The story is similar in other sectors. In 1994, some 400 Border Patrol agents apprehended about 65,000 foreigners in the Tucson sector; in 1998, 800 agents are expected to apprehend 262,000 as foreigners shift from attempting entry near San Diego to the desert areas. In the San Diego sector, apprehensions dropped from 531,000 in FY93 to 284,000 in FY97; in El Centro, apprehensions rose from 30,000 to 146,000.
In mid-June, the US and Mexico announced a joint program, Operation Lifesaver, that includes offering rewards of $2,500 to $5,000 to those who turn in smugglers who attempt to smuggle migrants into the US via four dangerous desert areas, and open toll-free lines for relatives in Mexico to report missing persons attempting to illegally enter the US. The INS will pay the U.S. Civil Air Patrol to fly daily missions over desert areas in the southwestern US, and notify the Border Patrol if they spot persons in distress. The Civil Air Patrol will not report illegal immigrants if they are not in danger.
The INS apprehended 166 immigrants near the Chocolate Mountains Gunnery Range in the Southern California desert, close to the Arizona line. The US military uses the area for bombing practice, so it is not patrolled by the INS. The INS said: "They run the risk of being bombed, but they've got a pretty clear shot if they don't."
The INS has begun showing a videotape to apprehended aliens that shows the hazards of illegal entry, including rattlesnakes, dead bodies and broiling summer temperatures. According to the INS, the message is that they should remain home, "It's better to live poor than to die trying to be rich."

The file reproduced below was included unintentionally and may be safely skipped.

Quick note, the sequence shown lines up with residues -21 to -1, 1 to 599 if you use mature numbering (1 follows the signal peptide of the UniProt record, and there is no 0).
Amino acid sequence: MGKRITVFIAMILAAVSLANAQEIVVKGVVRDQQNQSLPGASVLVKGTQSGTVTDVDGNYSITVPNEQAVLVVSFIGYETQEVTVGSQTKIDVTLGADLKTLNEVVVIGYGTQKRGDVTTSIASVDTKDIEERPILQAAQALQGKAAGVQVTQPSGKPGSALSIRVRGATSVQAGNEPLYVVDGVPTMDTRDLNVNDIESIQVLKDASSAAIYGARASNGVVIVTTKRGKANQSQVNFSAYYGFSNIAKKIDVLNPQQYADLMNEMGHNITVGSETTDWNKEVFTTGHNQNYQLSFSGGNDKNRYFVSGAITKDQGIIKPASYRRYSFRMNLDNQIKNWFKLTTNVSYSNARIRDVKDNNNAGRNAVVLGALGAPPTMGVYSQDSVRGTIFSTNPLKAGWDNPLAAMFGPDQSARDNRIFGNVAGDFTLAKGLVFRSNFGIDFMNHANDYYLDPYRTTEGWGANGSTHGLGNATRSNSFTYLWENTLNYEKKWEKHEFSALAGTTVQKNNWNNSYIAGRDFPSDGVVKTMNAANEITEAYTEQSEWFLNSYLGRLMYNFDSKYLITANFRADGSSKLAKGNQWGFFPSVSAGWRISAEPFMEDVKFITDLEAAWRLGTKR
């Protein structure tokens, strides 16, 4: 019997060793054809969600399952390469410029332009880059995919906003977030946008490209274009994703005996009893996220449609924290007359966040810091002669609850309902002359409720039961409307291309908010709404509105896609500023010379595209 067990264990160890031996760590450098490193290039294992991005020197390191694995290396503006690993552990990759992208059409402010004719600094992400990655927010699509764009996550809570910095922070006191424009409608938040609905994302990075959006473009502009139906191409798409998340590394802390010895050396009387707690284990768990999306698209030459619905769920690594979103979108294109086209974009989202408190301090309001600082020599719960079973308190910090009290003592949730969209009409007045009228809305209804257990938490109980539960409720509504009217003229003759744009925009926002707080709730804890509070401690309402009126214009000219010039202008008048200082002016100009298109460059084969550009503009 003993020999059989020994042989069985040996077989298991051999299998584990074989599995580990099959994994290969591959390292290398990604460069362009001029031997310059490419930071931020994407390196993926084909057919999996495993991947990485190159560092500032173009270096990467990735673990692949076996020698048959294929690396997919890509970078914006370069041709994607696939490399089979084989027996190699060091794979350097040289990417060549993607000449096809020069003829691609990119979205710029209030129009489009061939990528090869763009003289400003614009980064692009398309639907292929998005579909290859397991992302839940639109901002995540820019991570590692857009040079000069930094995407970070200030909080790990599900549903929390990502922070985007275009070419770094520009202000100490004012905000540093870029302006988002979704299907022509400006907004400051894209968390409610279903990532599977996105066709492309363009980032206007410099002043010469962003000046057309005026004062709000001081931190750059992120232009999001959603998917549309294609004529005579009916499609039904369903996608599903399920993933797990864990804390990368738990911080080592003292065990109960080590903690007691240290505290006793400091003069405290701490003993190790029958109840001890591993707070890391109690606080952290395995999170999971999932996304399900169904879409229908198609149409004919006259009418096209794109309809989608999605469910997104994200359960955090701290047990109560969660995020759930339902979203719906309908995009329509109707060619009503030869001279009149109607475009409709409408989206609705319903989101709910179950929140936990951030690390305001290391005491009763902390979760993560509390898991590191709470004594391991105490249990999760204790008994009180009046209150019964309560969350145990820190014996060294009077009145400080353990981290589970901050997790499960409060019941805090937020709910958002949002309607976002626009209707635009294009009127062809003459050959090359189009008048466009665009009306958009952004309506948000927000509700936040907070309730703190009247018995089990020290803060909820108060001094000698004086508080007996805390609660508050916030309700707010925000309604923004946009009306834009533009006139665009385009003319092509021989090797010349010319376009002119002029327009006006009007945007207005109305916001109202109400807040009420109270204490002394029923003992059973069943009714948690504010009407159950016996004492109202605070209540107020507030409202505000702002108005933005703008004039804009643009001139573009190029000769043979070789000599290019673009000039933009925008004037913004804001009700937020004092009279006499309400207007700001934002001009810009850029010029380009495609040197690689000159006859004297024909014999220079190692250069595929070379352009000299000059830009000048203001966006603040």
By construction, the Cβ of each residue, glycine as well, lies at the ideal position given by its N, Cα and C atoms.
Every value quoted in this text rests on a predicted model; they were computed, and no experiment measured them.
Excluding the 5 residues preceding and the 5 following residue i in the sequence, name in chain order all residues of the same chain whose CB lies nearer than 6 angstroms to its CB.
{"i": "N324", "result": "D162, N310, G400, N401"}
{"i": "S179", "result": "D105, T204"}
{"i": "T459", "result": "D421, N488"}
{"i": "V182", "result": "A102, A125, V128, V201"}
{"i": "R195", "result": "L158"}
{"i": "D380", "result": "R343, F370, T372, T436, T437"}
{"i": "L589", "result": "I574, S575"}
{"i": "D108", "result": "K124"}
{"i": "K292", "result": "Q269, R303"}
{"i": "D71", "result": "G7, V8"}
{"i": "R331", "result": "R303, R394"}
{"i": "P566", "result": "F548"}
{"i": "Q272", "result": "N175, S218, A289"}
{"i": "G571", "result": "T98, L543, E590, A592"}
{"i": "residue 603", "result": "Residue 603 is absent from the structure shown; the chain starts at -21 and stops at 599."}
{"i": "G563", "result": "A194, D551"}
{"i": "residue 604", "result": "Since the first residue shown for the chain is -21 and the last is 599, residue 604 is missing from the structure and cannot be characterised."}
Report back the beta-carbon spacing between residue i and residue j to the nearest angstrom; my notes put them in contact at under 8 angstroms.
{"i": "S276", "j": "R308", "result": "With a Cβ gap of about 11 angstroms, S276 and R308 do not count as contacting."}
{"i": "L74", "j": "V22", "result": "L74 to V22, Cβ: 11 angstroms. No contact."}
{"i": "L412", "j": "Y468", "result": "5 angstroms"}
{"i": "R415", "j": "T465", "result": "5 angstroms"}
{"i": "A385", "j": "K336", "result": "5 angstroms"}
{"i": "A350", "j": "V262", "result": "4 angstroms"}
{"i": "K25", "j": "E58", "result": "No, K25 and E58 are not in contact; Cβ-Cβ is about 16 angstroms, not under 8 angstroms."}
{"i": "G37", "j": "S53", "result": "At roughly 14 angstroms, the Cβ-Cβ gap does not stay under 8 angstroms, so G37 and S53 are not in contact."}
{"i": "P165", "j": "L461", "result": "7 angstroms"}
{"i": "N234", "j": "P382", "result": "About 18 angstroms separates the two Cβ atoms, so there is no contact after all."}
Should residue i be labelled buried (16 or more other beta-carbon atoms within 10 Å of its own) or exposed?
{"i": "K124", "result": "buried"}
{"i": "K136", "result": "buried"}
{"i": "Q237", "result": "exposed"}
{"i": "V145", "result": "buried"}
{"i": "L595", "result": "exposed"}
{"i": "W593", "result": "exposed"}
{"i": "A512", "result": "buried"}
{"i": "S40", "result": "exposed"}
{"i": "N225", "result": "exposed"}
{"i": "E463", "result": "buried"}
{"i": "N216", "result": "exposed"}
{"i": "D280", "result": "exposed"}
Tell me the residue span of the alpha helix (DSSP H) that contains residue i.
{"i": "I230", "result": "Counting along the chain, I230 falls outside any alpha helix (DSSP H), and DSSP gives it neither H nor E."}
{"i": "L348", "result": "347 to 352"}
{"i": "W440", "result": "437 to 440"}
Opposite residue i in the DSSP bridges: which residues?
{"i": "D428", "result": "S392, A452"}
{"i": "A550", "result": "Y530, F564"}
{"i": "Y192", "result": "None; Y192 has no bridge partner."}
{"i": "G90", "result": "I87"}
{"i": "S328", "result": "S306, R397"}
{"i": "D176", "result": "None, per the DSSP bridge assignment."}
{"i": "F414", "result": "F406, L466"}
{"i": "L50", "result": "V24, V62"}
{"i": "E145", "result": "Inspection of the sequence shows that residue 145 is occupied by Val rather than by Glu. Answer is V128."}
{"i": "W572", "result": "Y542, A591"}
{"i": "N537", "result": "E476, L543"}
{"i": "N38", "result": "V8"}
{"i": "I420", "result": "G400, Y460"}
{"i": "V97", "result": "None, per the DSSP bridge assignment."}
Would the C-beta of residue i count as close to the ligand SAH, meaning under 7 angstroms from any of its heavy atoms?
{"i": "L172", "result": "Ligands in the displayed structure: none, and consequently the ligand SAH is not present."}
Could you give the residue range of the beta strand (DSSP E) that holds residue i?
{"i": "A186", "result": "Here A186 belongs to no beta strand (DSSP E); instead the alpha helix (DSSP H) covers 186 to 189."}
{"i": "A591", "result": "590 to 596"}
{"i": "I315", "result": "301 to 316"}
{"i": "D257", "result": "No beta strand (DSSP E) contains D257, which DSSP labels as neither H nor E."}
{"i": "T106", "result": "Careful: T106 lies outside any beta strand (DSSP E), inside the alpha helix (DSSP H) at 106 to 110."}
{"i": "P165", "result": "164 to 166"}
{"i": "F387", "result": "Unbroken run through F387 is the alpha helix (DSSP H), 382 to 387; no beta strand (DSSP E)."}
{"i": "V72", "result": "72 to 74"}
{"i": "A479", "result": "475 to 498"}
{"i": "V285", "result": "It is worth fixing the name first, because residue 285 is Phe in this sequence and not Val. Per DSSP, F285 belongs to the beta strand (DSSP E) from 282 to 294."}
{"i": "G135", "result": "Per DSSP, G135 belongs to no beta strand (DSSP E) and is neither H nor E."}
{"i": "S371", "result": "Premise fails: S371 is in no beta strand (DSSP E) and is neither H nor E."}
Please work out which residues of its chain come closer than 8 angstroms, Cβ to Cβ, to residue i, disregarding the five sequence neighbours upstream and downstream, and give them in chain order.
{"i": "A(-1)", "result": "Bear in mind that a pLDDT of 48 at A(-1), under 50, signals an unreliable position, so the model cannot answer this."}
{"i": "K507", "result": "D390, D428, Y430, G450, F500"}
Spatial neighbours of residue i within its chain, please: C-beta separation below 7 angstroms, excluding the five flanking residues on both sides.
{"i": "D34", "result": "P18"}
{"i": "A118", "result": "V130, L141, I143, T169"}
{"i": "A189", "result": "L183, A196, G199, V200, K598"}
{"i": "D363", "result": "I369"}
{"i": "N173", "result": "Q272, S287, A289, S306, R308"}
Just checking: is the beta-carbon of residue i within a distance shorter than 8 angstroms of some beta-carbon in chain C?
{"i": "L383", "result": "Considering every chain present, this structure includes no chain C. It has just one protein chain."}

Both the US and Mexico roundly condemn the smugglers who attempt to sneak migrants into the US while withholding criticism of the migrants who hire them. INS Commissioner Doris Meissner says that "It is not our border strategy that creates danger at the border" but instead it is smuggling that creates danger. Mexico's ambassador, Jesus Reyes-Heroles, says that smugglers are "an evil for all" and a "big danger to the physical safety of our nationals."
On June 27, 1998, a march was held to protest the June-July 1997 Operation Restoration conducted by police and INS agents in Chandler, Arizona. In an attempt to clean up the downtown area, individuals were checked for proof of the right to be in the US. Some 432 illegal immigrants were apprehended, but the sweep also resulted in the detention of many legal immigrants and US citizens. In August, 1997, a $35 million federal lawsuit was filed, alleging that Chandler police violated the civil rights of legal residents during the sweep.